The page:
Indigenous leaders speak out after Sarawak arrests
Panai Irang, the headman of the Penan community of Ba Abang, is one of the 15 indigenous leaders that had been arrested over their protest against a new mega dam project in Sarawak (Picture: BMF)
By JOAS (Indigenous Peoples Network of Malaysia)
SARAWAK STATE GOVERNMENT NOT LISTENING TO ITS INDIGENOUS PEOPLES
Kuching, Sarawak. On the day that Malaysia was formed, 15 indigenous peoples who stood for four hours outside the Chief Minister’s office on behalf of longhouses and villages in Sarawak that would be affected by two proposed dams were arrested outside the office of the Chief Minister as they waited to submit a simple memorandum. Among those arrested were JOAS leaders Mark Bujang (BRIMAS), Raymond Abin (SCAN) and Hellan Empaing (WADESA) who were there in support of the Penan, Iban, Kayan and Kenyah representatives of the affected communities.
"We came to Kuching city to give a memo to the Chief Minister because we were not happy with the Murum Dam construction. If this continues, our lands will drown, and how are we supposed to live and survive? This memo contains our concerns so that the state government can listen to our worries." said Sui Along, Penan representative from Long Luar, a village in the affected area of Murum.
The police arrested the 15 after receiving a call from the Chief Minister’s office. After being held for seven hours without food and water by local police, they were charged with illegal assembly and released on bail. They will be expected to appear in court on 29 September 2009.
The proposed Murum dam is the first of 12 new proposed dams to be built throughout Sarawak. Quickly announced by the government after NGOs found plans on these dams on internet websites of the Chinese contractors, these dams were planned without prior consultation of the affected communities, let alone the free, prior and informed consent of the indigenous peoples on whose lands these dams would be built. In its inception, the still constructed and highly controversial Bakun dam was touted as being able to supply the energy needs of Malaysia, bringing into question the need for an additional 12 dams.
Rubbishing state leader claims that local NGOs had instigated the incident, BRIMAS Executive Director Mark Bujang said that they had responded to the communities because no one else wanted to listen. “We brought these remote communities together in Kuching to discuss their common concerns. For many of them, this was the first time they had come down to the city centre and they stated to us they wanted their concerns to be heard by representatives of the government and so we lent moral support to them.”
SCANE Director Raymond Abin said that when the representatives of the local government refused to listen, the communities wanted to come to Kuching. “Now that we have come all the way here to where our government leaders are, they still refuse to listen to us,” he said. “This questions their sincerity in saying they are concerned about listening to the indigenous peoples of Sarawak.”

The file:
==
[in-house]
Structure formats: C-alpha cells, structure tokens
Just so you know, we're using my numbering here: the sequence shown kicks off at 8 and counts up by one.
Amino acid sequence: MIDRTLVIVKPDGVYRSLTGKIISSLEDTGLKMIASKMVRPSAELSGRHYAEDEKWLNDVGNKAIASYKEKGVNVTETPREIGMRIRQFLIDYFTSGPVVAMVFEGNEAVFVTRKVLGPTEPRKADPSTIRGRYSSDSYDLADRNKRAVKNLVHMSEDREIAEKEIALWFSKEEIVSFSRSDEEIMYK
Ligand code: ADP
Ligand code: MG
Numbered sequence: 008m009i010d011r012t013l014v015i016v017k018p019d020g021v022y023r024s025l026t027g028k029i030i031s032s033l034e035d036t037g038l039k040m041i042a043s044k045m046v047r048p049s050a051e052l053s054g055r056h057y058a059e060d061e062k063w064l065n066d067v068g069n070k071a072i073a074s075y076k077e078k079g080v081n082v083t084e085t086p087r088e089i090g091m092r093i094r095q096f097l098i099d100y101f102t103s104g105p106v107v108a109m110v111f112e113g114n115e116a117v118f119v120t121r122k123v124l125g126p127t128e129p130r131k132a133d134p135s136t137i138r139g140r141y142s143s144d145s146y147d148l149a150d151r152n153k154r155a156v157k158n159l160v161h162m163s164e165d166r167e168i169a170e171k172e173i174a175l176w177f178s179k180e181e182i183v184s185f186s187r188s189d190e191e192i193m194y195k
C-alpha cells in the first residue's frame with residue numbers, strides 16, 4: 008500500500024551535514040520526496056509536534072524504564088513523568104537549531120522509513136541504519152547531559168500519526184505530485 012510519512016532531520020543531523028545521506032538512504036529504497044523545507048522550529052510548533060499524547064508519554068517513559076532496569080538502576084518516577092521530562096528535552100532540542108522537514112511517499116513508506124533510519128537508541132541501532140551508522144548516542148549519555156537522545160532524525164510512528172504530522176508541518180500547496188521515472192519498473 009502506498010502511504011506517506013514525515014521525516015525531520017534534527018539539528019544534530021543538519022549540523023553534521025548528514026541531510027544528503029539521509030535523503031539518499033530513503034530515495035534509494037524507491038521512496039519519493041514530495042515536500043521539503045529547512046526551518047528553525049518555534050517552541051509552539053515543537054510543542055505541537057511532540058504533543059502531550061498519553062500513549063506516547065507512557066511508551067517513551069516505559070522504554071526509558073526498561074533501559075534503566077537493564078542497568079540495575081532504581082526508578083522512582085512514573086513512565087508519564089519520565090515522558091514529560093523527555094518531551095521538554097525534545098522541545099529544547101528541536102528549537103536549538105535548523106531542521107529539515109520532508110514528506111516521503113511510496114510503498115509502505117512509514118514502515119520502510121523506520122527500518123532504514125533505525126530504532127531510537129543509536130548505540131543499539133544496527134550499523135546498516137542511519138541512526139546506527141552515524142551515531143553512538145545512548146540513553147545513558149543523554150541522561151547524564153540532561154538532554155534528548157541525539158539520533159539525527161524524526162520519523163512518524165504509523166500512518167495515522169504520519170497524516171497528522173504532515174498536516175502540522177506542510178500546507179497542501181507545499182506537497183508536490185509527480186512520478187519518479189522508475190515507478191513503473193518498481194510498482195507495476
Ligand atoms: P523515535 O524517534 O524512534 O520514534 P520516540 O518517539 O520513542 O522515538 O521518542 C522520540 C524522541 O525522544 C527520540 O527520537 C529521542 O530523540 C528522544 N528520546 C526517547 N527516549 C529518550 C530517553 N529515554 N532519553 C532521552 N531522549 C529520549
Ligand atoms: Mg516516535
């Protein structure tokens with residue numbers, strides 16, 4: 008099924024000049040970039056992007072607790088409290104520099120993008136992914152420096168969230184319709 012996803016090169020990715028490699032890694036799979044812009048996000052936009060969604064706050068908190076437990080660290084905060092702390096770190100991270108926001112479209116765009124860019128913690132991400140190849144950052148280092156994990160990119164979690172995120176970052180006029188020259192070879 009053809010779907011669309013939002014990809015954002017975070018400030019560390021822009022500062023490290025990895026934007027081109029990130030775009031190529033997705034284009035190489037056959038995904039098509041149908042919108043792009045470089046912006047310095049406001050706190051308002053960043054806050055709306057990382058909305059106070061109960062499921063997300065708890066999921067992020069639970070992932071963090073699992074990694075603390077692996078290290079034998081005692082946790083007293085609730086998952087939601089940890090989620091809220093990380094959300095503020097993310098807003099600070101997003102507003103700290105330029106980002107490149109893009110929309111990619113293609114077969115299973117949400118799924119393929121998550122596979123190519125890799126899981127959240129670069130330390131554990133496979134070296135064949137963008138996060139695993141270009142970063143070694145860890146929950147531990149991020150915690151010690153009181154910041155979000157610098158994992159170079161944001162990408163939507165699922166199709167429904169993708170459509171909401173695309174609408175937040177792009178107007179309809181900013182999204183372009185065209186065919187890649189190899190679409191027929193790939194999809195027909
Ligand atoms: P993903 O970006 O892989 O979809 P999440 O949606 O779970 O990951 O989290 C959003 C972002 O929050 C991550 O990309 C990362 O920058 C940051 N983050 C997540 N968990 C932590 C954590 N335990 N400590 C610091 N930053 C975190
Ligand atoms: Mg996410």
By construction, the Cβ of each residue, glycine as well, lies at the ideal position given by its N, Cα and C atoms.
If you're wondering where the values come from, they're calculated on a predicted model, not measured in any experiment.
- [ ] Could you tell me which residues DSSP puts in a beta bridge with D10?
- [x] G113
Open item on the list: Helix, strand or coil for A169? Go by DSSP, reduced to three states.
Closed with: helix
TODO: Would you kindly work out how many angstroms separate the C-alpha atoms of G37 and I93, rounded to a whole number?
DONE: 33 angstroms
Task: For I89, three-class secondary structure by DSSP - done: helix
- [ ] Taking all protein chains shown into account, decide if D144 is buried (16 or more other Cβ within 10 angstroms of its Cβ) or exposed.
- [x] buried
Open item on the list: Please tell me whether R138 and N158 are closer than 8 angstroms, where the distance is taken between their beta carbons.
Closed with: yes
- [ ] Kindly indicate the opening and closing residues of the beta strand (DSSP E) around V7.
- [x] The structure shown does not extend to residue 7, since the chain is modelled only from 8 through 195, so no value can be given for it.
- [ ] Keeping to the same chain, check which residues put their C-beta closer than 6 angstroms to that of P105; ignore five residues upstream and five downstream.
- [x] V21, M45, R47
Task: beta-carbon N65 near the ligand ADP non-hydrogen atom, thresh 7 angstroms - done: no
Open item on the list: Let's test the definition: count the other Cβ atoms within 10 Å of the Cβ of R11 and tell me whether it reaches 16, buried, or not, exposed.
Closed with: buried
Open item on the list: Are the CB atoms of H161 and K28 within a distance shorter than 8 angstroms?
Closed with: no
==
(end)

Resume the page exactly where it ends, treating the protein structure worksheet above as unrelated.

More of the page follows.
JOAS President Adrian Lasimbang said the arrest and blatant intimidation of the indigenous peoples showed clearly the lack of commitment by the state government to internationally recognized frameworks of consent and consultation that form part of the collective rights of indigenous peoples and added that “In solidarity with JOANGOHUTAN, we support the call to the EU to suspend FLEG negotiations with Malaysia in view of the flagrant disregard of the government for free, prior informed consent and consultation with communities affected by logging and by development projects. We additionally call for the Malaysian government to review its policies to ensure that international law, especially those concerning human rights and the rights of indigenous peoples, is mainstreamed.” This violation is contradictory to article 32 (2) of the UNDRIP that stated States shall consult and cooperate in good faith with the indigenous peoples concerned through their own representative institutions in order to obtain their free and informed consent prior to the approval of any project affecting their lands or territories and other resources, particularly in connection with the development, utilization or exploitation of mineral, water or other resources.
The full list of indigenous peoples detained are: Mark Bujang (Executive Director of Borneo Research Institute, BRIMAS), Hellan Empaing (President of Wanita Desa Sarawak, WADESA), Dominic Ng, Johannes Ya, Rukka anak Laku, Philan Yau, Nan Evan, Simon Saging, Ramly anak Datuk, Abin Bira, Sui Alloh, Nang Buleng, Panai Irang, Bujang Dalong, and Koleh Ngo.
BRIMAS – Borneo Resources Institute, Sarawak’s leading NGO and supporting NGO to JOAS
SCANE – Sarawak Conservation Network, a coalition of leading environmental and indigenous rights organizations in Sarawak
JOANGOHUTAN – Network of Indigenous Peoples and NonGovernmental Oragnizations on Forest Issues
WADESA – Sarawak Native Women’s Association
Click here to access an earlier report on the same issue.
(17 September 2009)